Wonderful Land was originally recorded by Bert Weedon – has anyone heard his version? – but Lordan didn’t like it.  Just as well, perhaps.  It suits The Shadows – and 1962 – to perfection.


Performed by The Tornados
Written & Produced by Joe Meek
Parlophone A-Side, August 1962

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Even today, The Tornados’ ‘Telstar’ maintains an almost mythological mystique both in its otherworldly sound and in the circumstances of its creation, despite those circumstances having become well known: named after the communications satellite launched into orbit in July 1962, Telstar was produced by Joe Meek in his cramped home studio flat above a shop on north London’s Holloway Road.

If Stranger on the Shore was the snoozing contentment of the ‘old’ world and Wonderful Land a glimpse of the new, Telstar is the very essence of futurism itself – affluence,  leisure, freedom, offering a specifically home produced brand of modernity which couldn’t be further from 80s clinical sleekness.  The whole piece sounds as if it is the product of some kind of retro-futurist machine, a space age Wurlitzer spinning into view, dazzling onlookers and then disappearing into a starry sky.

For a composition which celebrates the untold benefits of technology, Telstar is also imbued with a childlike quality and it is this sense of wonder which gives the record much of its enchanting power.  That nasal clavioline sound – primitive yet bright – recalls wide-eyed children enthralled to the anticipation of fairground rides, only here the children are all of us, yes, the wonderstruck vocalists who join in with their consenting “aahs!” on the final verse.  There is nothing sinister or cynical on offer here – the awe inspired are not duped by commercial forces nor pawns in statist plans but rather willing participants in a shared mass experiment in democratisation and, above all, in progress and a belief in progress.  The dreams spun by Telstar are their own, or our own, if we would allow them to be.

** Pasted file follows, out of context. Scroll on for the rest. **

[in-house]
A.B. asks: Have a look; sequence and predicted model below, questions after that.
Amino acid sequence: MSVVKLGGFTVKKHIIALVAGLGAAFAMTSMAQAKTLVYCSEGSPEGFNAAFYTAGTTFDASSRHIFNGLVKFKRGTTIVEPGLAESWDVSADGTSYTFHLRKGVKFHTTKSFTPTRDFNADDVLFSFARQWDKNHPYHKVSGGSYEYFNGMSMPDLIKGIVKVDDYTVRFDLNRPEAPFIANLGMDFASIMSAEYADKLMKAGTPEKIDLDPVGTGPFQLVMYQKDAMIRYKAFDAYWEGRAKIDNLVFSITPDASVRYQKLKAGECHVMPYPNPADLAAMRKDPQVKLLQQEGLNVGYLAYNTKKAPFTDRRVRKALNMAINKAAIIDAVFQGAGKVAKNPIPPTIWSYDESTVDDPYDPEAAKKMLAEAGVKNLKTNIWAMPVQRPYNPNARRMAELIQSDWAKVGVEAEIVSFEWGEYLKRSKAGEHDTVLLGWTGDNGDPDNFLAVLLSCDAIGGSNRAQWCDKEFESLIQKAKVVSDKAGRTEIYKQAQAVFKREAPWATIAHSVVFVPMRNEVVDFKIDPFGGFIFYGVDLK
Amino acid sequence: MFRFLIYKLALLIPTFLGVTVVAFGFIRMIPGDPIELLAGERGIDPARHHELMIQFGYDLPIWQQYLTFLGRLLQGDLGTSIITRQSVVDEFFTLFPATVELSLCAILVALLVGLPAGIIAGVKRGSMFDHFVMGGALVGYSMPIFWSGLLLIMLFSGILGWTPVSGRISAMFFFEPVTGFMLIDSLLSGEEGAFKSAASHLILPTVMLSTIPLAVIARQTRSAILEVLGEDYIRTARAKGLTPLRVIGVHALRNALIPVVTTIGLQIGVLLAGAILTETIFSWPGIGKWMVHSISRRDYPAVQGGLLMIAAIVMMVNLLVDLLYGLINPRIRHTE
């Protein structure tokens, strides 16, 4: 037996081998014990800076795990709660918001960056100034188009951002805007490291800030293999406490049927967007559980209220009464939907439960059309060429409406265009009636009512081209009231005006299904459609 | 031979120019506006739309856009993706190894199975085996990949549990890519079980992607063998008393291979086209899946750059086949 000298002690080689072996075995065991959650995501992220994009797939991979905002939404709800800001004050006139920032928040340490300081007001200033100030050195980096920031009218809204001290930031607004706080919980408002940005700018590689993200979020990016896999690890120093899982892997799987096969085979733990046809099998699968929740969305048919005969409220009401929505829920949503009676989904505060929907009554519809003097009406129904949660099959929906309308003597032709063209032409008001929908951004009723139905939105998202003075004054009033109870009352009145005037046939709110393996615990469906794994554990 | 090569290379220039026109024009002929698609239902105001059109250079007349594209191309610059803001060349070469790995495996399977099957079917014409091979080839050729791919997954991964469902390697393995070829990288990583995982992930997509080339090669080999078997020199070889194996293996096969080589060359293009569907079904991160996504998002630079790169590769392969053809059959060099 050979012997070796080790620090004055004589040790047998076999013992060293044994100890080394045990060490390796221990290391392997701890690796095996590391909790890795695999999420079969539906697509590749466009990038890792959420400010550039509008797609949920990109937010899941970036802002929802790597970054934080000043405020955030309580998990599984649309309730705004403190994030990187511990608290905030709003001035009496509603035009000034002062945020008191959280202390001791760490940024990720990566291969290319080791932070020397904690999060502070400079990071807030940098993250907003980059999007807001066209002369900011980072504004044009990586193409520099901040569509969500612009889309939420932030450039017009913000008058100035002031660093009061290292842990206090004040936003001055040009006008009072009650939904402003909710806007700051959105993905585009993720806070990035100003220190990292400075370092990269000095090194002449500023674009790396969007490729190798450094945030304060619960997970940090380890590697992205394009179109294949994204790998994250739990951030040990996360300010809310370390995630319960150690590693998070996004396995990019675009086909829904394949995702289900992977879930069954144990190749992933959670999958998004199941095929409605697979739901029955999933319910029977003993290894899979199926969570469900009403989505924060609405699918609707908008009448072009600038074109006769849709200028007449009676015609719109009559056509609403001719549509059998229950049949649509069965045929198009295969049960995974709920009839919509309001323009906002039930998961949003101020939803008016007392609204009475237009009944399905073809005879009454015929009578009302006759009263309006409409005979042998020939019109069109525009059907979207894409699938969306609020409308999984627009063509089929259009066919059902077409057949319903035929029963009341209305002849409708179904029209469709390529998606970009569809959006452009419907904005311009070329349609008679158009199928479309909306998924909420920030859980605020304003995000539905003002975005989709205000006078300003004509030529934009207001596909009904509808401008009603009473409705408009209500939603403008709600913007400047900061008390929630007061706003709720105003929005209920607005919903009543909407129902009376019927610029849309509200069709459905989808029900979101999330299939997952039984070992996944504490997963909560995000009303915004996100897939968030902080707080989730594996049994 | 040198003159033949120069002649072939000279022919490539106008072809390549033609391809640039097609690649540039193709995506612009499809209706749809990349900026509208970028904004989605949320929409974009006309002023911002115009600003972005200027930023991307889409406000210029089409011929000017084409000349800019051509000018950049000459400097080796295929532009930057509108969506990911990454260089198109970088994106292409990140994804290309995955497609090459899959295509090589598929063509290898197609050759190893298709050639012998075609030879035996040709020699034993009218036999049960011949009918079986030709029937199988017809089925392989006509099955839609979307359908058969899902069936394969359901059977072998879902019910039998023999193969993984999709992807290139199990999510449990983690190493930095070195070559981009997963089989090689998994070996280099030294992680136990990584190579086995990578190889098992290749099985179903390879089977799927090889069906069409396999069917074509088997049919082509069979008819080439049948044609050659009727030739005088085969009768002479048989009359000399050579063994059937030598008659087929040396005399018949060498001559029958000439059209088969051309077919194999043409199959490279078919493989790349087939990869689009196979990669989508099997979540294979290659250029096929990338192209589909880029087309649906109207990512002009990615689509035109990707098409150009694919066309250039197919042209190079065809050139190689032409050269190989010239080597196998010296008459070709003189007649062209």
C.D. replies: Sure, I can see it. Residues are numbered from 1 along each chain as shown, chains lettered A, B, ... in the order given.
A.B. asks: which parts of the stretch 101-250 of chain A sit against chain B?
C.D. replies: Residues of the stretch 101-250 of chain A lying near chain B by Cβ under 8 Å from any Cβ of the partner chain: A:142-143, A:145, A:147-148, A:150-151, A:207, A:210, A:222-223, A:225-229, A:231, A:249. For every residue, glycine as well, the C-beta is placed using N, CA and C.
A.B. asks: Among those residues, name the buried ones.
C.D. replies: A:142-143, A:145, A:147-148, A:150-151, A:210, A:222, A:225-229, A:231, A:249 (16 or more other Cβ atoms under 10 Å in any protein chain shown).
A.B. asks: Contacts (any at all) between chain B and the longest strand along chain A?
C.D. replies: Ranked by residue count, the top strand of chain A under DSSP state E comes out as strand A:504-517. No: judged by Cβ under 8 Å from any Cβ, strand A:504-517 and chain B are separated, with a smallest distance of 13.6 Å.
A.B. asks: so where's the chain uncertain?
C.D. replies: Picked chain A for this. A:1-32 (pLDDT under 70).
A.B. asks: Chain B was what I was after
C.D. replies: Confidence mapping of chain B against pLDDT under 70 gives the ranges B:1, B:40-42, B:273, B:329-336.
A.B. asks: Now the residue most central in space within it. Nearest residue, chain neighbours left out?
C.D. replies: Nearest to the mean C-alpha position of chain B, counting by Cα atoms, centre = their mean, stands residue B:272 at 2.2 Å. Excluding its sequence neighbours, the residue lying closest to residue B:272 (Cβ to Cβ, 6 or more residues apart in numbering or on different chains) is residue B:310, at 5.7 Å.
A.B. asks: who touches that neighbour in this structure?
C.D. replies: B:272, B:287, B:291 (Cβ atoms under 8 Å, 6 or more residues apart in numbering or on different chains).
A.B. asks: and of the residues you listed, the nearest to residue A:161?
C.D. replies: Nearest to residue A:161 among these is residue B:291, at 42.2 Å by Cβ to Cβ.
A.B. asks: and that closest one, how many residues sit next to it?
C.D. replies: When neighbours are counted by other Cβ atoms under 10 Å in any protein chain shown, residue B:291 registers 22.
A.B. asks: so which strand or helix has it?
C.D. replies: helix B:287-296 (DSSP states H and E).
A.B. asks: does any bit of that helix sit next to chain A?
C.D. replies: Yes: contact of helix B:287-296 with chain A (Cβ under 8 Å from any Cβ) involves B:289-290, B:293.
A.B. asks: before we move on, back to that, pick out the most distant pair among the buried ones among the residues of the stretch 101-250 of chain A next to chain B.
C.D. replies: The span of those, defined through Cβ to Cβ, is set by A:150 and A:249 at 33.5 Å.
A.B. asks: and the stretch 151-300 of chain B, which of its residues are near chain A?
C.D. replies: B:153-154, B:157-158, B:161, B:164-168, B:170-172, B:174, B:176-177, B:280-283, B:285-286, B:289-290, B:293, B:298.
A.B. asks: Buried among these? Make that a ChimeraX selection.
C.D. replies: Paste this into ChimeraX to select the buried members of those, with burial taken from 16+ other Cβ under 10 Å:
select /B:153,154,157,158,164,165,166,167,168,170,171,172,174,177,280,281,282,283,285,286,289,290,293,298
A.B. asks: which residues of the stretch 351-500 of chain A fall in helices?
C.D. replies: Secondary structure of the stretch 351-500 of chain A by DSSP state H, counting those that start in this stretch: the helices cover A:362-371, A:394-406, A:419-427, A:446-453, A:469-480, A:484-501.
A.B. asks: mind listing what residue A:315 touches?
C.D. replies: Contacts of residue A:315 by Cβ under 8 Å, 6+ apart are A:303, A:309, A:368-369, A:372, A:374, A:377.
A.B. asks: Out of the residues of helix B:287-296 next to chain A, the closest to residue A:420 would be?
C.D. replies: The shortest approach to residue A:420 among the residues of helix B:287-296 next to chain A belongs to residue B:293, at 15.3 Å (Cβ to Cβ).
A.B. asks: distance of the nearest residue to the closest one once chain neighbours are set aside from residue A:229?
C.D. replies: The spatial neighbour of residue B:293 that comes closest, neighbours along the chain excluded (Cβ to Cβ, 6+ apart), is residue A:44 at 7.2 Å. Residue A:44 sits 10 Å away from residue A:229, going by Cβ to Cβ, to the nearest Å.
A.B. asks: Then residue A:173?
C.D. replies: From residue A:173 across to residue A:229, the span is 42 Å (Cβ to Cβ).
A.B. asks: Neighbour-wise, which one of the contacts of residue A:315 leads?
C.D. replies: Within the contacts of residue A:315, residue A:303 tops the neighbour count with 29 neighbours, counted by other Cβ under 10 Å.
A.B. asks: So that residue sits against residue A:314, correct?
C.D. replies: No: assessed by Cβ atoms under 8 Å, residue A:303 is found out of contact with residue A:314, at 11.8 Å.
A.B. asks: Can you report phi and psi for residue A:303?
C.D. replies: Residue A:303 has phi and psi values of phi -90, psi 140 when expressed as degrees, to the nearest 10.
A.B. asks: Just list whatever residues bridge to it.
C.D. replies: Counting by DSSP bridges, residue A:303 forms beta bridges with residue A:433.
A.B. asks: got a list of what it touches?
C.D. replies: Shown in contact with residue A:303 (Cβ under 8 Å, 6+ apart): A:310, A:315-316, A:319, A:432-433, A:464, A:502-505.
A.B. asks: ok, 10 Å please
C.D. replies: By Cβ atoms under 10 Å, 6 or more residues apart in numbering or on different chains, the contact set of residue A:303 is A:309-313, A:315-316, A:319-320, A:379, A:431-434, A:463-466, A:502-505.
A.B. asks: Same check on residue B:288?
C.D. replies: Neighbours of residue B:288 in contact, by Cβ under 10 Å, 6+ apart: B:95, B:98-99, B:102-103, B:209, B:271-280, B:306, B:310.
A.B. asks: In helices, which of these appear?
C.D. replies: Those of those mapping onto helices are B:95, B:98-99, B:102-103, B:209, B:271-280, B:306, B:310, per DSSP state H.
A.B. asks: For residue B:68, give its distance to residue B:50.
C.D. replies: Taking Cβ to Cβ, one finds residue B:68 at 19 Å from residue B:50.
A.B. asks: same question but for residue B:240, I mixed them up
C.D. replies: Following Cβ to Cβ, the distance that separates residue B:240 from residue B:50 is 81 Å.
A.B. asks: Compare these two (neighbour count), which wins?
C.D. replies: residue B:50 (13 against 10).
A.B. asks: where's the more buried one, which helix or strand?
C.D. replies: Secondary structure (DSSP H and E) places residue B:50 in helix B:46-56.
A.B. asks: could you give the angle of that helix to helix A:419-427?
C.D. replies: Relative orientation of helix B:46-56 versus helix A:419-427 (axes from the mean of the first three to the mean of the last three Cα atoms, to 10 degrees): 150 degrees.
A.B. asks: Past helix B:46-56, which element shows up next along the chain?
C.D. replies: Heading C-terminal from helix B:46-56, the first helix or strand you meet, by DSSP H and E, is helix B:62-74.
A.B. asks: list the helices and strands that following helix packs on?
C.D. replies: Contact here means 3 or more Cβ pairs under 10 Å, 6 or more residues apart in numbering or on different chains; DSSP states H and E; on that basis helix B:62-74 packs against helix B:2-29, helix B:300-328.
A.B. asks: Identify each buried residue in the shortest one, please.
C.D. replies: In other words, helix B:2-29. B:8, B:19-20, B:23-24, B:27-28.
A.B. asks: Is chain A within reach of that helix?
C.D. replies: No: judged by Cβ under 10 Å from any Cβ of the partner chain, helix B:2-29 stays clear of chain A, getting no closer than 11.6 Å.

It is hard to think of a record which is more resolutely forward looking.  Telstar turns away from Harold Macmillan and towards Harold Wilson, almost like a pop premonition of his 1964 ‘white heat of technology’ speech.  Famously, and incongruously, it was also one of Margaret Thatcher’s choices on Desert Island Discs.

Britain may not have participated directly in the 60s space race but Telstar – along with the equally eccentric, boffinish Doctor Who which began the following year – were perhaps our contributions.  Telstar was English, spectral space age music, otherworldly then, irretrievably so now.

Kenny Hollywood produced a vocal version which inevitably lacks the magic of the instrumental original transforming it into a conventional starry-eyed romance.

Telstar – a UK and US Number 1 and England’s spliced-up, hand held, analogue space age miracle.

Stranger on the Shore and Sleepy Suburbia
That Acker Bilk Again

More Take Three Songs

Take Three Songs… on Blackpool
Take Three Songs… by David Bowie
Take Three Songs… by Cilla Black
Take Three Songs… Lynsey de Paul – No Honestly!
Take Three Songs… on Suburbia

That Acker Bilk again…

Last week’s post on Stranger on the Shore inspired me to dig out my 1976 copy of The Golden Hour of Acker Bilk which I haven’t seen or heard for many years.

Whilst greater obscurities such as TV Themes by Cy Pane and his Orchestra and Peter and the Wolf (narrated by Paul Daneman) came to hand relatively easily, The Golden Hour remains lost in time (or in the darkest reaches of my loft).

Rummaging around online instead, I see the album does include Stranger on the Shore – in complete contradiction to what I said last week.  In fact ‘Stranger on the Shore’ is the first track and features prominently on the sleeve.

And ‘Feelings’, which I ‘remembered,’ isn’t there at all although it seemed to be just about mandatory on 70s compilations.

The pop covers are present and correct – ‘This Guy’s in Love with You’,’Without You’, ‘Bridge Over Troubled Water’ amongst them – though the LP is probably more biased to jazz age standards such as ‘Makin’ Whoopee’, ‘I’m an Old Cowhand’ and ‘The Folks Who Live on the Hill’